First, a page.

V --> VgV for all vowels.
e.g. in Spanish:
   <bueno tiempo> --> <bueguenogo tieguempogo>, I presume.
(Writing just as a Spanish native speaker not as phonetist that i'm just amateur) I think that i would transform in that way:
    buen tiempo ---> bugueguen tiguiegempogo /buguegen tigiegempogo/
The components in diptongs are treated independently each one. 
In another example:
    rosa y azul --> rogosaga igi agazugul
Would happen that althought < y > between vowels has the pronuntiation as a consonant, that is the [j] (with an up-down circunflex instead of the point), it would be understood as a vowel sound. But, in Spanish also, if the following word starts with /i/ then the conjunction < y > use to change to /e/, < e >, as for example in:
   bonito e interesante
So that allophony for this particular word -the copulative conjunction- is quite extreem and part explicit. The disyunctive conjunction also has explicit allophony, as it is /o/ but becomes /u/ if it's followed by /o/.
Now, what's interesting here is that the Polish nasal vowels spelt <a,> and <e,> (with a cedilla-like diacritic) -- often described as nasal [o~] and nasal [e~], but actually realised as diphthongs (in which the second element may be analysed as an allophonic variant of a nasal consonant) -- become -ogoN-/-egeN- rather than -oNgoN-/-eNgeN-. This supports a biphonemic /VN/ interpretation of Polish nasal vowels.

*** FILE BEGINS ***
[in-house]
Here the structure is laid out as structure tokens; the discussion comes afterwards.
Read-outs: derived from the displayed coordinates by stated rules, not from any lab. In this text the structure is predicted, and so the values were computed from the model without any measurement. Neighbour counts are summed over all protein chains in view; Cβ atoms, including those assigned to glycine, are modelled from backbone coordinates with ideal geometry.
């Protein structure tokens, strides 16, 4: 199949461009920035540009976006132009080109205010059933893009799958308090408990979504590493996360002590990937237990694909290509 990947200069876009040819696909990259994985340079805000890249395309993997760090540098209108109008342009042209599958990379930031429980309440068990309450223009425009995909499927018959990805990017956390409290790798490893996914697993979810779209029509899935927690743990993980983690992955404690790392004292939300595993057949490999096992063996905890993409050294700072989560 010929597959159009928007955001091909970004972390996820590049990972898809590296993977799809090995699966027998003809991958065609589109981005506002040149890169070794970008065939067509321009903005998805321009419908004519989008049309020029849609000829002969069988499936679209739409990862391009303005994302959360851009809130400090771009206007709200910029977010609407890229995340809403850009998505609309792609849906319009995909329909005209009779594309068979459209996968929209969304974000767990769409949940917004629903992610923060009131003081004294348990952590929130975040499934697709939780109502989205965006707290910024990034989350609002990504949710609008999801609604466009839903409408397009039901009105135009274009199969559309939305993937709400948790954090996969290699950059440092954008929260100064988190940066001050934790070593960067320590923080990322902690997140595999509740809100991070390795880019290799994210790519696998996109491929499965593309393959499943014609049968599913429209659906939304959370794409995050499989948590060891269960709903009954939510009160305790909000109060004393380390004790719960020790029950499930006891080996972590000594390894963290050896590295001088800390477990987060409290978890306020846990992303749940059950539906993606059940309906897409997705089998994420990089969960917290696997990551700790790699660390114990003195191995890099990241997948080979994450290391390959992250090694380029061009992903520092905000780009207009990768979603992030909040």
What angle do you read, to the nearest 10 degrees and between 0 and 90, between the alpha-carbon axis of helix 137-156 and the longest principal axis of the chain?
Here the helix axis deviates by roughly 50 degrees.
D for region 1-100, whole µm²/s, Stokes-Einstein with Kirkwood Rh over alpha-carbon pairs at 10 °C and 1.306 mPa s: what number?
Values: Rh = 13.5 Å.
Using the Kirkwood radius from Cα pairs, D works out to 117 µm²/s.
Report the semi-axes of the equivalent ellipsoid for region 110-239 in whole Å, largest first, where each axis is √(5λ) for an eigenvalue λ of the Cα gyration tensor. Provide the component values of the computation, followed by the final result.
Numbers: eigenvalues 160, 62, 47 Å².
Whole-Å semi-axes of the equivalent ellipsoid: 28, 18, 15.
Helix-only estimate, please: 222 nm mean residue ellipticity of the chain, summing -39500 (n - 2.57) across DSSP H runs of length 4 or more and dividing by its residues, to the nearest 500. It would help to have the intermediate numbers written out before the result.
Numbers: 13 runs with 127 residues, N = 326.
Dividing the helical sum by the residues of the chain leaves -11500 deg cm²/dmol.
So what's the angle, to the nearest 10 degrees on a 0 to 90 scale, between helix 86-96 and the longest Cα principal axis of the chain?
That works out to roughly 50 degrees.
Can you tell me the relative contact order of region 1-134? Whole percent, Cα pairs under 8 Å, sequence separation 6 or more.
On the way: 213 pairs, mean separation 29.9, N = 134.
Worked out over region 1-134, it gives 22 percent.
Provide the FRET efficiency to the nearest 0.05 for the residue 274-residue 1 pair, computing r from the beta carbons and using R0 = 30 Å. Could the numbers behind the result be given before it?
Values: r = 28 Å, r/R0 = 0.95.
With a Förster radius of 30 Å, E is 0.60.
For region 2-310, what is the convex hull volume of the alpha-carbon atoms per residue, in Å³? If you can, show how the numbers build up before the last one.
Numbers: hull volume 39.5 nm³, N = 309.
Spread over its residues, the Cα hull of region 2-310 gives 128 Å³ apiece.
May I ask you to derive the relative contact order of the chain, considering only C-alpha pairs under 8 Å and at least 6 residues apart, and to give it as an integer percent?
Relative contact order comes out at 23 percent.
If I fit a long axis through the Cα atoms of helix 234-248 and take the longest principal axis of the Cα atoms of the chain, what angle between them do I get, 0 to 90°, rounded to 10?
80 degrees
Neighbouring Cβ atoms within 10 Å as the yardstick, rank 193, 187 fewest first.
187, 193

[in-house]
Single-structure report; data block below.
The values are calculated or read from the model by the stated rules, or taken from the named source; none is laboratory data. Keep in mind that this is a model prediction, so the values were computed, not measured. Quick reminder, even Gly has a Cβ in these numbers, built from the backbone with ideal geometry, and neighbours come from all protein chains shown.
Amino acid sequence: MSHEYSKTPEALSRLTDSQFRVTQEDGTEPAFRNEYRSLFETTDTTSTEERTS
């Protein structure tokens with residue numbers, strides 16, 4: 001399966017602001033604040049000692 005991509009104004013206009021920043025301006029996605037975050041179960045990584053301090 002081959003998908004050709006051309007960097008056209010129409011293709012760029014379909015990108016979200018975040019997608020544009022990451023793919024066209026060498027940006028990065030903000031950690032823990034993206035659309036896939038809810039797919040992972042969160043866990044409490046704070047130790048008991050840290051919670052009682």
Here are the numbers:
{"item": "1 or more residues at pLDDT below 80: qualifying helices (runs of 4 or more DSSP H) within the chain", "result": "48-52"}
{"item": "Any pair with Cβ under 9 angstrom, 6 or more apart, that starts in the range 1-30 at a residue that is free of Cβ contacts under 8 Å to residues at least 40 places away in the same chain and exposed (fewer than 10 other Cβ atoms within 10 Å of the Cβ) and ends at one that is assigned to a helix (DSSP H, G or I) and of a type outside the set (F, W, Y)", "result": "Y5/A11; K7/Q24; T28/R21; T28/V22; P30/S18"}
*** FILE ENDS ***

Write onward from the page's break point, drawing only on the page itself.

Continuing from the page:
The game also sheds some light on the phonemic status of the Polish vowels spelt <i> (pronounced [i]) and <y> (a high central vowel), which are in more-or-less complementary distribution. The fact that -i- is transformed into -igi- and -y- into -ygy- (though -gy- does not normally occur in Polish) suggests that speakers treat these sounds as distinct phonemes.
My question is: are there any traditional ludlings in your native languages? and if so, are there any interesting phonological phenomena involved in their production?
I only remember one consisting in the substitution in a short verse of all vowels for the same vowel, first all becoming /a/, then, succesively all becoming /e/, then /i/, then /o/ and the /u/. But i don't see any interesting phonological phenomena apart that the game itself shows how conscious are Spanish speakers of their vocalic phonems.